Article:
$v_{blue} = \frac{a × v_{⊥}}{||v_{⊥}||} \cdot (\frac{a × v_{⊥}}{||v_{⊥}||} \cdot v_{⊥,rot}) = \\ ~~~~~~~ = \frac{a × v_{⊥}}{||v_{⊥}||} \cdot (\cos(\beta) \cdot ||v_{⊥}||) = \\ ~~~~~~~ = (a × v_{⊥}) \cdot \cos(\beta) = (a × v_{⊥}) \cdot \sin(\alpha)$
If you add those two together, you come to the same result as with Approach 1: $v_{⊥,rot} = \cos(\alpha) \cdot v_{⊥} + \sin(\alpha) \cdot (a × v_{⊥})$ |

With that result then final formula for the rotated point will be:

$v_{rot} = v_{∥} + v_{⊥,rot} = a (a \cdot v) + \cos(\alpha) v_{⊥} + \sin(\alpha) (a × v_{⊥}) = a (a \cdot v) + \cos(\alpha) (v - a \cdot (a \cdot v)) + \sin(\alpha) (a × v_{⊥})$

There is one more simplification we can do with the last cross product:

$a × v_{⊥} = a × (v - v_{∥})$

Because of the cross product's distributivity over addition:

$a × (v - v_{∥}) = a × v - a × v_{∥} = a × v - 0$

So now the final **final result to rotate any point $v$ around axis $a$ by angle $\alpha$ is**:

$v_{rot} = a (a \cdot v) + \cos(\alpha) (v - a (a \cdot v)) + \sin(\alpha) \cdot (a × v)$

This should be quite easy for the computer to calculate, only one unique dot product, one cross product, 2 trigonometric functions, lastly a few multiplications and additions. This result is named Rodrigues' rotation formula and it is implemented in your usual *rotateAxisAngle()* methods.

On the right you have an example, where you can define an axis and then rotate the object around it. Notice that all different rotations can be achieved from the initial 0 rotation with just these 4 values.

As we saw the axis-angle representation is quite good to hold the object's rotation. It will however have some shortcomings if we want to change the object's rotation by some other rotation. Or to smoothly interpolate the rotation between two fixed rotations. Thus enter quaternions.

Quaternions are elements of a number system beyond complex numbers. Instead of one imaginary unit $i$ they also have $j$ and $k$. The math works similarly to the complex numbers, but includes more terms. There are also important rules for multiplying the imaginary terms.

With your ordinary complex units we have $\sqrt{-1} = i$ thus $i^2 = -1$. Here the same thing applies for also $j$ and $k$. Meaning: $i^2 = j^2 = k^2 = -1$. Furthermore there are rules for what happens if we multiply together the imaginary units. The following table is read from row to column. So for example the first row tells that $ij = k$ and $ik = -j$:

$ \cdot $ | $i$ | $j$ | $k$ |
---|---|---|---|

$ i $ | $ -1 $ | $ k $ | $ -j $ |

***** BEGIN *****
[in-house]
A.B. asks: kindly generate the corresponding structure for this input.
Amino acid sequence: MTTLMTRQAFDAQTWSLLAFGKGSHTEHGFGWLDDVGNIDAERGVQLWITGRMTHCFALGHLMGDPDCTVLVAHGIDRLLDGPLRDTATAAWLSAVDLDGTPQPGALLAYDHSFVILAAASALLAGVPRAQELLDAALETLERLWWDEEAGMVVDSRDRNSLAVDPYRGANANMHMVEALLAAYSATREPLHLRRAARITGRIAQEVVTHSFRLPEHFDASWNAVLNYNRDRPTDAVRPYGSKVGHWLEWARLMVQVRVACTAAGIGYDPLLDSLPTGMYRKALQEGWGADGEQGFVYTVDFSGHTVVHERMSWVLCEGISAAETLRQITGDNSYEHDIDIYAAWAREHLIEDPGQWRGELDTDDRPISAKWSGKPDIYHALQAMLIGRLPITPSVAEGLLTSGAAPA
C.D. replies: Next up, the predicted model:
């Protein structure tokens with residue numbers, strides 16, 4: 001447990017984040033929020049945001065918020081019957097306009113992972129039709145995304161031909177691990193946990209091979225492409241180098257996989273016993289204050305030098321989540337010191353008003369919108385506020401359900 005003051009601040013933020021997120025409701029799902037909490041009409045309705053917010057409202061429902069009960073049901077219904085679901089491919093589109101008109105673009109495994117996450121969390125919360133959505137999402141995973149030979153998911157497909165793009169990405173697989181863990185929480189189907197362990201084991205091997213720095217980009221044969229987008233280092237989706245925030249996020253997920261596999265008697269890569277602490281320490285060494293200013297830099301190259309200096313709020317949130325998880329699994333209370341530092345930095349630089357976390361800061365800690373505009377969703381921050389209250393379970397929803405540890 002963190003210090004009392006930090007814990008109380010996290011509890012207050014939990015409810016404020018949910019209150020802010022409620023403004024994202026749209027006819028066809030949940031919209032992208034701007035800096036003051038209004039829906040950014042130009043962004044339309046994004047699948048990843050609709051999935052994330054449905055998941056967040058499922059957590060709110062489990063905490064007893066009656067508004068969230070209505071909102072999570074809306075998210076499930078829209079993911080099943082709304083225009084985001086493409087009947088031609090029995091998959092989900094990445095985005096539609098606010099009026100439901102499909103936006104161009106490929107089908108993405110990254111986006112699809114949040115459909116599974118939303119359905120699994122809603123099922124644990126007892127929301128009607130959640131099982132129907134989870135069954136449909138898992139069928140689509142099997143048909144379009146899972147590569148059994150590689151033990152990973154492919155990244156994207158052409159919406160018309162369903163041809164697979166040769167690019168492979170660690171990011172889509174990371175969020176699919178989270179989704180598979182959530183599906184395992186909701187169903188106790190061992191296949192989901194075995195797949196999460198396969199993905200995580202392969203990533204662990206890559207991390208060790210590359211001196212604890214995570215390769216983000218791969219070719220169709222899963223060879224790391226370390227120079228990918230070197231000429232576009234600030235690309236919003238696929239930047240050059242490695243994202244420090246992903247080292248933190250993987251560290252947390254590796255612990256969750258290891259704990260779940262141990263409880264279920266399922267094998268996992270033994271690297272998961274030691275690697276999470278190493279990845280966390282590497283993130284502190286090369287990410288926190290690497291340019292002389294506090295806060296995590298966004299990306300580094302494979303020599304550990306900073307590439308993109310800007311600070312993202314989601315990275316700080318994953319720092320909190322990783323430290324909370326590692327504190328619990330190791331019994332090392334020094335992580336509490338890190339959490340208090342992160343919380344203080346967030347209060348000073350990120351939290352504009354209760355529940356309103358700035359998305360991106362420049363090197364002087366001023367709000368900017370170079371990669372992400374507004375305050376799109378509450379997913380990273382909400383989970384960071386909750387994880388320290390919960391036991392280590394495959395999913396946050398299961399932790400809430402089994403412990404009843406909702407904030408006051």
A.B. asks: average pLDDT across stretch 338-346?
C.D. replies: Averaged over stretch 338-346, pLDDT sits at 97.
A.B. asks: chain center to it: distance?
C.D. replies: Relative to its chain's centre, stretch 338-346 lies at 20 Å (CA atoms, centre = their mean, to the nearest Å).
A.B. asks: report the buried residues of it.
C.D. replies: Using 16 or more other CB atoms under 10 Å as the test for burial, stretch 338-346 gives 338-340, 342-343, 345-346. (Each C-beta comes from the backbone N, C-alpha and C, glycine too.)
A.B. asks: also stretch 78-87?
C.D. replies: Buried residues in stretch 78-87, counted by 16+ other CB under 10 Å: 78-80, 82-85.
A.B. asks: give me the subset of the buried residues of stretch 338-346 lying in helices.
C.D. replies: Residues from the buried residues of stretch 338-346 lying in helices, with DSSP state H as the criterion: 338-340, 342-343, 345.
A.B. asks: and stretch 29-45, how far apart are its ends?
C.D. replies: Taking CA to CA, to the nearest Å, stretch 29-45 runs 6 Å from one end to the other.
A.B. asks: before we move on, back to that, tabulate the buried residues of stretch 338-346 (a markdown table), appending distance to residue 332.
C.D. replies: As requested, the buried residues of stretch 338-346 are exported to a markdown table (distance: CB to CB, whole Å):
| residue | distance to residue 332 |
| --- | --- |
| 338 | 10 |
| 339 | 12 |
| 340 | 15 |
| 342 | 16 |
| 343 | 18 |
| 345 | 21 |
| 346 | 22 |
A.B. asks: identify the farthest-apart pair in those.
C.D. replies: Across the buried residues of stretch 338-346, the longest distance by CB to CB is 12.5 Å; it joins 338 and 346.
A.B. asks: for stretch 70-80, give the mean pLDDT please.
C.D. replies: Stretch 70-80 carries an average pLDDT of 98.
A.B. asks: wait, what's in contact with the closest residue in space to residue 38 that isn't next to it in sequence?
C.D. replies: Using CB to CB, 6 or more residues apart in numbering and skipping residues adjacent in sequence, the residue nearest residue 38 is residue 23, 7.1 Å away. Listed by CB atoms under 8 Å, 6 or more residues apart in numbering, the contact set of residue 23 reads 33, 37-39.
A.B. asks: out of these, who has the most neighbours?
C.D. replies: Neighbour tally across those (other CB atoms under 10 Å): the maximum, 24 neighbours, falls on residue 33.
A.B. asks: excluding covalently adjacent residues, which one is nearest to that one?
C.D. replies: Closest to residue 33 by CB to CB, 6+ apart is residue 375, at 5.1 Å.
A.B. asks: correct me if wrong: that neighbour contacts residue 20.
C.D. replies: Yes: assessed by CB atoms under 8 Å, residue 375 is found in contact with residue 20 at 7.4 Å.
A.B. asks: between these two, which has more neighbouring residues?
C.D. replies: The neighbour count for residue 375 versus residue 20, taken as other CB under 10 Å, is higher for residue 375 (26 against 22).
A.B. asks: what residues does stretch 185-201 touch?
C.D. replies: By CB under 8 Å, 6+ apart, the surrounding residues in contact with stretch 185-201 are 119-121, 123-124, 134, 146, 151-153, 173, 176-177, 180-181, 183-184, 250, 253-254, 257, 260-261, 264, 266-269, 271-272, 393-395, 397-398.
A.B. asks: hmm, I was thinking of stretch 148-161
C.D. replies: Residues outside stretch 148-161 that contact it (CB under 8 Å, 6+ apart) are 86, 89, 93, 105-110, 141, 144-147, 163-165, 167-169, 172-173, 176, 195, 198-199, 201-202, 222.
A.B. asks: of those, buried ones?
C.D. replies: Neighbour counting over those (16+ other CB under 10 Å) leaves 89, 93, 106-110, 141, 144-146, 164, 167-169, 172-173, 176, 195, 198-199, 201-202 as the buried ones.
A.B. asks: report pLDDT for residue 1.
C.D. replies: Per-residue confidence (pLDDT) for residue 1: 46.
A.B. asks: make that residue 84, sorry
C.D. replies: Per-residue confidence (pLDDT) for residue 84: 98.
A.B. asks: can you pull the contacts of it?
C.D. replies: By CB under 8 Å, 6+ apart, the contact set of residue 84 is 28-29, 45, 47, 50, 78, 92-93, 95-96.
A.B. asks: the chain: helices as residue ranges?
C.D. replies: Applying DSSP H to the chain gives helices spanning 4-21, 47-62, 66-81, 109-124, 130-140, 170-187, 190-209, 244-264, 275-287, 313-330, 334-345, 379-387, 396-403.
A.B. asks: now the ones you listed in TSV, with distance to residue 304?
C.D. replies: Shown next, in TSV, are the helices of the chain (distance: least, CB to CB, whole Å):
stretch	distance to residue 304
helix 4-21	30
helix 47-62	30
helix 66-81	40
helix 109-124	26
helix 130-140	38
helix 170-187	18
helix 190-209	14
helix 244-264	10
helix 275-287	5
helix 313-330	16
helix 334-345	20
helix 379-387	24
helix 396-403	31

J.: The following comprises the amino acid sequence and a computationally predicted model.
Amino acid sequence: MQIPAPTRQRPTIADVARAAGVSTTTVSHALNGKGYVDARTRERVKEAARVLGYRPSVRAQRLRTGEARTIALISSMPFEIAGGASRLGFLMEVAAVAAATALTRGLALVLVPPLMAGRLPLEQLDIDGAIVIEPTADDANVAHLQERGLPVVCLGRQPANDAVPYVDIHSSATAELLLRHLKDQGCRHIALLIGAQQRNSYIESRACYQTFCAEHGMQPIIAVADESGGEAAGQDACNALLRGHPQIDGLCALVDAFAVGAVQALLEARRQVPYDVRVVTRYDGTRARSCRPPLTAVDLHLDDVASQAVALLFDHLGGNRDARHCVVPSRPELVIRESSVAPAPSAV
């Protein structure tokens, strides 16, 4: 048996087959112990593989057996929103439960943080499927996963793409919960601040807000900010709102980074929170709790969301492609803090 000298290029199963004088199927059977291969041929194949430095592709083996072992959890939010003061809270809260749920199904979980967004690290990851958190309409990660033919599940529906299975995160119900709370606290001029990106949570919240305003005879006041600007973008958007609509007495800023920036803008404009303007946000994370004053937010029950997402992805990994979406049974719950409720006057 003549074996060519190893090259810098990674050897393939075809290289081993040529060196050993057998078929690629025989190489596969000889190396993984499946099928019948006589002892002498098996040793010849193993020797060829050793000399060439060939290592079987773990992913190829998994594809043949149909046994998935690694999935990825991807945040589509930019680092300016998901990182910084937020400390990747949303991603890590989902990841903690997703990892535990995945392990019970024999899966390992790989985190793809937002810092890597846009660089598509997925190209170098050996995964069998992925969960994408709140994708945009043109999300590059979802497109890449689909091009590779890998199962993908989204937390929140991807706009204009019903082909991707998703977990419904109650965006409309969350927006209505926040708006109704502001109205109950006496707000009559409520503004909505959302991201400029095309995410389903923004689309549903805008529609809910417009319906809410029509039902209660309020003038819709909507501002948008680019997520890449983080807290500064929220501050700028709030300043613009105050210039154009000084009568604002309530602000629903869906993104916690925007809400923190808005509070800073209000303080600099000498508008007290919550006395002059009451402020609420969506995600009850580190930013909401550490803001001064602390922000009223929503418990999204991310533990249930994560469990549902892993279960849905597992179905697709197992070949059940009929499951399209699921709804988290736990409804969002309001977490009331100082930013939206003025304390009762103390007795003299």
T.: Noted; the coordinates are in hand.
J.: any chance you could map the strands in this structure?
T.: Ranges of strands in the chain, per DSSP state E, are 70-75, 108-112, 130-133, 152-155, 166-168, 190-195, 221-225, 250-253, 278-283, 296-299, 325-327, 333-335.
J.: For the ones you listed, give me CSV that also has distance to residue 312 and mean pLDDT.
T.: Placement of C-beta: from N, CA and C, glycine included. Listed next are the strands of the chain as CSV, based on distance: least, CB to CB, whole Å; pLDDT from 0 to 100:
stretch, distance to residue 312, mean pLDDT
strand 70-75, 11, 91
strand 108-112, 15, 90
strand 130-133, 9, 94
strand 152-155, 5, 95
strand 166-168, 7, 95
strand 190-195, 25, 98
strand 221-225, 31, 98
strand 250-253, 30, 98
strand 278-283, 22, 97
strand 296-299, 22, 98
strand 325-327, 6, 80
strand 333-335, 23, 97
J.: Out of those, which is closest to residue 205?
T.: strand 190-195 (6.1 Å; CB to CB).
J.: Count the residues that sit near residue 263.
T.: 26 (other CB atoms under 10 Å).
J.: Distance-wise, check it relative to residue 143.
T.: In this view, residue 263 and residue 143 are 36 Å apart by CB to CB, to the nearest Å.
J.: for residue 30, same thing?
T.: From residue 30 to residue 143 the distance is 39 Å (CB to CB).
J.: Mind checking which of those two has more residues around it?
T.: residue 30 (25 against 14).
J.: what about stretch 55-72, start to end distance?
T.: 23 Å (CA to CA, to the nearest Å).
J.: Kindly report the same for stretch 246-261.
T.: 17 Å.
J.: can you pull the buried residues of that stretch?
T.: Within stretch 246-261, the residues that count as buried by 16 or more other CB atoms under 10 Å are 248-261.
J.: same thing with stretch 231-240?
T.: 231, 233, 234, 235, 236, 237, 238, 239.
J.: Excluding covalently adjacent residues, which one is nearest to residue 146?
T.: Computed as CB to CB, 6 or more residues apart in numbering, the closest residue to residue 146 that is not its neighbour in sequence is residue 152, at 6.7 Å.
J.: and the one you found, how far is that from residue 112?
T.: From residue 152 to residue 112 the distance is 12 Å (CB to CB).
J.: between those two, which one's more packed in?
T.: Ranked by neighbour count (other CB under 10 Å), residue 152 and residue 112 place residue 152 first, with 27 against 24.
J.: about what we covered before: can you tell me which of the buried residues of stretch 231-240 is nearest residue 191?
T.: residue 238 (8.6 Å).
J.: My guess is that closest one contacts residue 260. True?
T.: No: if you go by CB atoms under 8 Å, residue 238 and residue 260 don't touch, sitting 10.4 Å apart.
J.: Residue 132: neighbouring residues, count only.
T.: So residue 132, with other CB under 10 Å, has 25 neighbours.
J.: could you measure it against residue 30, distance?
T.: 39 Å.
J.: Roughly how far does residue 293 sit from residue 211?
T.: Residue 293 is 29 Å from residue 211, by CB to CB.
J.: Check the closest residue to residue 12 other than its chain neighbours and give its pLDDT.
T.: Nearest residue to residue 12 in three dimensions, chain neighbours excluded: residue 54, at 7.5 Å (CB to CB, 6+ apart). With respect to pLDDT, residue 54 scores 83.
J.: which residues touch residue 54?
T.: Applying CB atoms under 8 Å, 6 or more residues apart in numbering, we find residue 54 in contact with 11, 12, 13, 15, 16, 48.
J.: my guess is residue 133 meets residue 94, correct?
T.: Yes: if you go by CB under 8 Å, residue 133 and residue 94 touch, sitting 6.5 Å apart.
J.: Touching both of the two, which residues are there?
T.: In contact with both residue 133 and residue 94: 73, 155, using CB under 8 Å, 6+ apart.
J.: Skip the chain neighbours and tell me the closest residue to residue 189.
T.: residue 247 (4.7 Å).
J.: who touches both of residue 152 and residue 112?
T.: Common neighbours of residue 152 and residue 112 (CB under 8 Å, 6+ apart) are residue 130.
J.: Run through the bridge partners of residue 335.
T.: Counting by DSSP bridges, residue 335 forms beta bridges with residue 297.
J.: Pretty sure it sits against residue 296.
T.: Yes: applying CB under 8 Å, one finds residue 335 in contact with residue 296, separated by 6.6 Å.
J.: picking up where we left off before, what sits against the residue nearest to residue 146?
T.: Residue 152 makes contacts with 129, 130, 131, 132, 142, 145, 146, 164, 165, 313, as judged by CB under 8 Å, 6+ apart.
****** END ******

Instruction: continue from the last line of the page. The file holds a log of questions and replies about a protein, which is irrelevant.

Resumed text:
$ j $ | $ -k $ | $ -1 $ | $ i $ |

$ k $ | $ j $ | $ -i $ | $ -1 $ |

**A quaternion** can be written with 4 coordinates:

$q = (a, b, c, d) = a + bi + cj + dk$

Often the real part is separated and the imaginary part is called the vector part. In that case the vector part is represented as a vector $v = (v_x, v_y, v_z) = (b, c, d)$. Thus a quaternion can also be written as:

$q = (a, v)$

In order to use quaternions for rotation we need to represent two things:

- Our vectors (which we rotate) will be pure imaginary quaternions. If we want to rotate a vector $v$, then we need to create a quaternion $v = (0, v)$
- The axis $a$ and the angle $\alpha$ will be represented as a quaternion $q = (\cos(\frac{\alpha}{2}), \sin(\frac{\alpha}{2})a)$

If we do that, then we can rotate a vector by multiplying its quaternion representation by $q$ from the left and its inverse $q^{-1}$ from the right.

$v_{rot} = qvq^{-1}$

An important thing to note here is that the quaternion representing the rotation needs to be an unit quaternion. This means that our axis vector $a$ needs to be normalized. If it is, then it is easy to check that:

$\cos^2(\frac{\alpha}{2}) + \sin^2(\frac{\alpha}{2})(a_x + a_y + a_z) = \cos^2(\frac{\alpha}{2}) + \sin^2(\frac{\alpha}{2}) \cdot 1 = 1$

As $q$ is a unit quaternion its inverse will be its conjugate $q^{-1} = q^* = (\cos(\frac{\alpha}{2}), -\sin(\frac{\alpha}{2})a)$

So let us see what happens if we perform the mentioned multiplication. One has to be careful here, because multiplying the vector parts of quaternions (or just quaternions) is non-commutative. This is logical because for example $ij \neq ji$.

$qvq^{-1} = (\cos(\frac{\alpha}{2}) + \sin(\frac{\alpha}{2})a)v (\cos(\frac{\alpha}{2}) - \sin(\frac{\alpha}{2})a) = \\

~~~~~~~~~ = (\cos(\frac{\alpha}{2})v + \sin(\frac{\alpha}{2})av)(\cos(\frac{\alpha}{2}) - \sin(\frac{\alpha}{2})a) = \\

~~~~~~~~~ = \cos^2(\frac{\alpha}{2})v + \sin(\frac{\alpha}{2})\cos(\frac{\alpha}{2})av - \sin(\frac{\alpha}{2}) \cos(\frac{\alpha}{2})va - \sin^2(\frac{\alpha}{2})ava = \\

~~~~~~~~~ = \cos^2(\frac{\alpha}{2})v + \sin(\frac{\alpha}{2})\cos(\frac{\alpha}{2})(av - va) - \sin^2(\frac{\alpha}{2})ava$

This is a **pretty result**, but does not tell much yet. In order to simplify it, we need to derive some identities with pure imaginary quaternions. So what happens if we multiply $av$?

$av = (a_xi + a_yj + a_zk)(v_xi + v_yj + v_zk) = \\

~~~~~~ = a_x v_x ii + a_x v_y ij + a_x v_z ik + a_y v_x ji + a_y v_y jj + a_y v_z jk + a_z v_x ki + a_z v_y kj + a_z v_z kk = \\

~~~~~~ = -a_x v_x + a_x v_y k - a_x v_z j - a_y v_x k - a_y v_y + a_y v_z i + a_z v_x j - a_z v_y i - a_z v_z = \\

~~~~~~ = (-a_x v_x - a_y v_y - a_z v_z) + (a_y v_z - a_z v_y) i + (v_x a_z - a_x v_z) j + (a_x v_y - v_x a_y) k = \\

~~~~~~ = - a \cdot v + a × v = a × v - a \cdot v$

This gives us a quaternion, where the vector part can be found by taking the cross product and the real part by taking the negative dot product. So simplifying the **middle term** $av - va$ should be really easy: